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Michigan women’s hockey details hurdles while pushing to become NCAA program

ANN ARBOR— Thursday, the University of Michigan took a major step in adding an NCAA women’s hockey program to their list of varsity athletics.

In Thursday’s Regents meeting- UofM Member of the Board of Regents and sister to Detroit Red Wings CEO– Denise Ilitch stated that it was time the University of Michigan get a women’s varsity hockey program. She made sure to make mention of other Big 10 programs who are dominating the sport, with Michigan natives on their teams.

At the meeting, was current women’s hockey head coach Jenna Trubiano.


“I appreciate everything she’s done as well as the other regents to support our program publicly on the record last Thursday. That meant a lot. I never thought it was going to happen or happen this fast. A lot of people said it would never happen, but it seems like it’s happening,” the head coach said.

There is a lot of speculation as to why the university has never had a varsity women’s program. Issues such as funding and space for the program at 101-year-old Yost Ice Arena being some of the main points of discussion.

Stepping in to take a closer look at these issues would be the NHL. They will conduct what is called a feasibility study where they take into consideration the technical and financial aspects of the addition of women’s hockey.

“I’ll be excited to see how everything unfolds,” Trubiano said. “Just to have the backing of an Ilitch is something that I really appreciate...they’re obviously well known in Detroit, especially when it comes to Hockeytown.”


If the team were to become a varsity program in the future– many of the struggles the team currently faces would become non-issues.

Traverse City native, Kelsey Swanson, started her collegiate hockey journey in the varsity ranks at Long Island University before transferring to Michigan to focus on her academics. She has noticed many key differences with how programs at the varsity versus club level are treated.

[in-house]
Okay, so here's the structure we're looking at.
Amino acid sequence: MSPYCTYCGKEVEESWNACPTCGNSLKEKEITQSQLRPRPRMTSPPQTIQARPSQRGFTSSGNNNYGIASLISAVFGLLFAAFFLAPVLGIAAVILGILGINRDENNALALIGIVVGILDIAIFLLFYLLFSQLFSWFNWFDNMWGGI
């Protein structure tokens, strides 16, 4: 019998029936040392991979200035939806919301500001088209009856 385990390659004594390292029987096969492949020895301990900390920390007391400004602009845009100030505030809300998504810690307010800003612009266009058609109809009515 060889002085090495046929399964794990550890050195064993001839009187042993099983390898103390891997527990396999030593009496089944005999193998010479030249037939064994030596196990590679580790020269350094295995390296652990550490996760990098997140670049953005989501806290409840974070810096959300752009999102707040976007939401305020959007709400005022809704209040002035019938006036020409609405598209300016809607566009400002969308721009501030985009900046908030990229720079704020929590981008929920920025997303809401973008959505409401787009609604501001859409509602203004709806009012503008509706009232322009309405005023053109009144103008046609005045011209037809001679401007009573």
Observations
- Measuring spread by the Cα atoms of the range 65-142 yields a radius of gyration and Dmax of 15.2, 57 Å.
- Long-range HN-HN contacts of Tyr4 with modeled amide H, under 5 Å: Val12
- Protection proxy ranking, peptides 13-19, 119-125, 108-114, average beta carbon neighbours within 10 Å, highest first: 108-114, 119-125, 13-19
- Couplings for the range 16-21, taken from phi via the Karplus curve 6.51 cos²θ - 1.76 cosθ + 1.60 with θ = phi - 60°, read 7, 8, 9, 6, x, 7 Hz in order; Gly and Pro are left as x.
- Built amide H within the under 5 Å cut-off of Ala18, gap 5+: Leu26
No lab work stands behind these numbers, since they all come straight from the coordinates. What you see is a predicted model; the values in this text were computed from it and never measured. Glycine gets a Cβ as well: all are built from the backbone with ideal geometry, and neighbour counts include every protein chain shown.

“First of all, we don’t have a locker room here… we have to bring out bags to and from the rink for practices every night… We also don’t get the best time slots for ice time. We practice Wednesday nights from 10-11:30 at night and then Monday Thursdays are 9pm to 10. Where we train here, we have to drive like 20 minutes away to work out,” Swanson noted.

According to Swanson, the players currently pay $1,200 a semester to be on the team. Newcomers must also purchase their own uniform kits.


The Michigan club team has worked hard to become competitive in the ACHA since Trubiano took over the program in 2021, an unpaid role she happily took to continue the betterment of her alma mater. She recently took the team to their second-straight ACHA nationals tournament berth. With a full-time job she now spends her spare time at practice, games, managing the team’s social media accounts, and recruiting on her own dime.

But since the team is at the club level- the women she spends her time recruiting still have to meet Michigan’s selective standards for admission.

“Michigan is becoming increasingly competitive. I have no way of flagging the student that would be our top player. I have no way of doing that. So that would be something that would be advantageous. Also, just in terms of the strength of our program, being able to access the transfer portal [would be helpful],” Trubiano said.

Regardless of what happens following the feasibility study, the Michigan women have undoubtedly helped grow the sport in their own right. They currently boast over 19,000 followers across social media platforms, something Trubiano says has helped with recruiting.

“The ten years I’ve been here, it’s been really incredible. Every year, something new happens. President Ono came to the last regular season home game and dropped the puck and that was really special,” she said. “Actions speak louder than words and we’re seeing a lot of action right now, which is really, really, special.”

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